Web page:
Tim's own version of the Catweasel/Compaticard/whatever

From: Pete Turnbull <pete_at_dunnington.u-net.com>
Date: Fri Jul 7 01:44:02 2000

On Jul 6, 15:54, Dwight Elvey wrote:
> mann_at_pa.dec.com (Tim Mann) wrote:
> >
> > Another neat trick might be to notice when there is a CRC error and/or
> > a clock violation, and in that case backtrack to a recent past decision
> > where the second most likely alternative was close to the most likely,
> > try it the other way, and see if the result looks better. Obviously
> > can't overdo that or you'll just generate random data with a CRC that
> > matches by chance, but since the CRC is 16 bits, I'd think it should be
> > OK to try a few different likely guesses to get it to match.

> CRC's are quite good at fixing a single small burst.

Dwight, I think you're confusing CRC (Cyclic Redundancy Check) with ECC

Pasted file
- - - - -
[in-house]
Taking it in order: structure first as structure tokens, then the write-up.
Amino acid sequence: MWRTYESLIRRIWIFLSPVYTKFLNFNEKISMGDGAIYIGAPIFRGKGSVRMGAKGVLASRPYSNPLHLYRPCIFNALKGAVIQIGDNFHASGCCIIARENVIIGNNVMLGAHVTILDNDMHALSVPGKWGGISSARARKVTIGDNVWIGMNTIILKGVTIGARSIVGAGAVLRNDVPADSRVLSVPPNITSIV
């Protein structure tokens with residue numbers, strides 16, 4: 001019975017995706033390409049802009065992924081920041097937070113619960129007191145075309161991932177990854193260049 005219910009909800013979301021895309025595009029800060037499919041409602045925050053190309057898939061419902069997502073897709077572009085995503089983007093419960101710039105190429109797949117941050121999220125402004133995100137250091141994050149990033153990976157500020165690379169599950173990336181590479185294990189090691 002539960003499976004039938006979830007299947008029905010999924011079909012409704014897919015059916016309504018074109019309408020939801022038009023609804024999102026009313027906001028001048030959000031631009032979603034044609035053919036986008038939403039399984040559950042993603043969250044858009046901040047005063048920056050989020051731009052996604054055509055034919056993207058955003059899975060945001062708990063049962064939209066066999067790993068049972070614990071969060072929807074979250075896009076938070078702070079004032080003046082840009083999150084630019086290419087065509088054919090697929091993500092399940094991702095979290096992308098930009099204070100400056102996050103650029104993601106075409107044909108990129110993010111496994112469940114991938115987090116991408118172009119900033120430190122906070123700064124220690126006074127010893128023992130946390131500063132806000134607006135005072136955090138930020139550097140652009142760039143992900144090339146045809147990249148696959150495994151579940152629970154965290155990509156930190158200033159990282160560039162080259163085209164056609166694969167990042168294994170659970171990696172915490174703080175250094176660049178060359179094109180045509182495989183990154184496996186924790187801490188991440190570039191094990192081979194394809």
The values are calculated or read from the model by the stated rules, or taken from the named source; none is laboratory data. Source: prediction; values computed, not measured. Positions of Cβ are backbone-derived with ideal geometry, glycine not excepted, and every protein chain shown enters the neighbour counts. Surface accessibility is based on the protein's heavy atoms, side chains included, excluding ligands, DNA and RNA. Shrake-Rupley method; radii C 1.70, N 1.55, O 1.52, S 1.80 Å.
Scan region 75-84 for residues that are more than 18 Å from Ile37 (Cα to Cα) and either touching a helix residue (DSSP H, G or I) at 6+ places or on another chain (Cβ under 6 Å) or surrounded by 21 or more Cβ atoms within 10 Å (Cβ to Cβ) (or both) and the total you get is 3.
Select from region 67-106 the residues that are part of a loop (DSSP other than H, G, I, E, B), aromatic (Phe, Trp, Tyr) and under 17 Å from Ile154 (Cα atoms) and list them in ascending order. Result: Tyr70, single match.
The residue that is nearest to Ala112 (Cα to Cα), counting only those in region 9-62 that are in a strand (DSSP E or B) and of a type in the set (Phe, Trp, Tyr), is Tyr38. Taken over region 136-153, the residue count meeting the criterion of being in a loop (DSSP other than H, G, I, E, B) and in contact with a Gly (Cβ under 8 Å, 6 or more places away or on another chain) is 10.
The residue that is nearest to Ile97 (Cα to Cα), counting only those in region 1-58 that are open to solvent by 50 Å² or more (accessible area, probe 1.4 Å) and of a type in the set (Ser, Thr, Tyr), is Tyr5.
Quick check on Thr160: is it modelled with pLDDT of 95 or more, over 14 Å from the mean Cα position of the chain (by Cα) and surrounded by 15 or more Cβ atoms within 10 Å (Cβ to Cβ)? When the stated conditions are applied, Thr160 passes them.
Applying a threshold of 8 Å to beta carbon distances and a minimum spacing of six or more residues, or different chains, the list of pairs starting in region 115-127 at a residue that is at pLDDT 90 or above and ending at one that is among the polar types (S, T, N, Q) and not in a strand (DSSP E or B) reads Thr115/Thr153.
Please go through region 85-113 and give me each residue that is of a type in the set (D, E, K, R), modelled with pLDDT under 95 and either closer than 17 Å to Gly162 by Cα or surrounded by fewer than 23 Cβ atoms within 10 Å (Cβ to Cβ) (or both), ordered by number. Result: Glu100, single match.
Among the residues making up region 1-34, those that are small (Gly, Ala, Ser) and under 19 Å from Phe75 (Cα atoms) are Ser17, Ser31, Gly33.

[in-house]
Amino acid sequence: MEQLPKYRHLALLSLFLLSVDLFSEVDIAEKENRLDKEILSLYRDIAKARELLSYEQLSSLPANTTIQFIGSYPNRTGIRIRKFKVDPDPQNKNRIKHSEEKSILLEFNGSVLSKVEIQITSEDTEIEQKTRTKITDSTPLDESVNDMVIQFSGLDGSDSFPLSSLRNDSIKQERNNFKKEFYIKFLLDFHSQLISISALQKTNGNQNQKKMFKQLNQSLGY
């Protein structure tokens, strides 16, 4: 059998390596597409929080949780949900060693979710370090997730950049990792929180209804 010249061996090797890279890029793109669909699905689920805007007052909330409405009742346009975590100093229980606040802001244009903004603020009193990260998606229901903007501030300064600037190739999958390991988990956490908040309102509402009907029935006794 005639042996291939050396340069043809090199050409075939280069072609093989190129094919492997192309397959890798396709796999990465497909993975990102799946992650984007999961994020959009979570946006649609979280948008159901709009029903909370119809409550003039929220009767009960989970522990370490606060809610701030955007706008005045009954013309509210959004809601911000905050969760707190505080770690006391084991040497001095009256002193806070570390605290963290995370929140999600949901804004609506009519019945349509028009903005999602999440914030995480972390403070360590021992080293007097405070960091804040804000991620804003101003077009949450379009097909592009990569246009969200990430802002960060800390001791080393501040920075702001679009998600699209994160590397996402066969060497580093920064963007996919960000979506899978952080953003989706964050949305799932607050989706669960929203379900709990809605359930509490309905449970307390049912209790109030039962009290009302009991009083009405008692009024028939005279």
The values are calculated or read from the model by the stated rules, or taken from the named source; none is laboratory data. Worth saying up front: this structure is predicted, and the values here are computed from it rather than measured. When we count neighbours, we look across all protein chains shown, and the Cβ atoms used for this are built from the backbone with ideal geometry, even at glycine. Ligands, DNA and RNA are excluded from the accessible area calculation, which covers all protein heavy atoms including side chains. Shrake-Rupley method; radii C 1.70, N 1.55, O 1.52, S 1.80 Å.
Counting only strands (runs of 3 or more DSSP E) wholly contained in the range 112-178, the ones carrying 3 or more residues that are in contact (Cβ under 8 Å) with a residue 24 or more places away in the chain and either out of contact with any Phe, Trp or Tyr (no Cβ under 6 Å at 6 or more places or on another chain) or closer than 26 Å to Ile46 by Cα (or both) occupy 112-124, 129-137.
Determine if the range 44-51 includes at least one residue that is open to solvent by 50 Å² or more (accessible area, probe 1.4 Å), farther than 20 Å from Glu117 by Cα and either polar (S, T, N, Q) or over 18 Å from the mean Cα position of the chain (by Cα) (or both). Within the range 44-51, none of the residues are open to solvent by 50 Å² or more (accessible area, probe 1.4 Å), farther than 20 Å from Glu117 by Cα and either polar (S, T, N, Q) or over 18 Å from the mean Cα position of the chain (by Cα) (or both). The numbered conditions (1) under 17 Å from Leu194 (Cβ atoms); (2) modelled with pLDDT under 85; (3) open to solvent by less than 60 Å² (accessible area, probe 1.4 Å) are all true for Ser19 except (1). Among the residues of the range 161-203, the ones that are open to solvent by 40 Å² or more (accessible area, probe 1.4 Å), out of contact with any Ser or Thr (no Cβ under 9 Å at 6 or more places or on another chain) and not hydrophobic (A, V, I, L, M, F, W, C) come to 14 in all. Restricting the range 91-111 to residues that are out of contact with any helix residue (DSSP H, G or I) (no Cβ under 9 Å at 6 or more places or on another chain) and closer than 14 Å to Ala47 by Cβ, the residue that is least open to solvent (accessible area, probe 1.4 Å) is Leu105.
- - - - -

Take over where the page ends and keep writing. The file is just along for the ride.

(Error Correction Code). CRC is very good at detecting errors, including
bursts of errors that might slip by simpler checks, but AFAIK tells you
next to nothing about where they occurred. ECC tells you enough to correct
small errors. I've not heard of anyone using CRCs for correction (not
directly, anyway).

> As I recall,
> CRC32 can fix a single error burst up to 12 bits long. The
> error correcting method is based on the cycle length of the original
> polynomial relative to the length of the data block. What this
> means is that if you have a burst longer than 12 bits, it is
> more likely that the errors will appear to be outside the data
> block than within the data block.

Although disks use the V41 polynomial (X^16 + X^12 + X^5 + 1) not CRC32.

> All errors that happen
> within a 12 bit window are 100% correctable.

Depends how large the data covered by the check is. For amounts of data
larger than a certain size (dependant on the number of check bits and the
algorithm used) there are several errors that will produce the same change
in the ECC or CRC. So the window size is meaningless unless you also
specify the data size and number of check bits.

Pete						Peter Turnbull
						Dept. of Computer Science
						University of York
Received on Fri Jul 07 2000 - 01:44:02 BST

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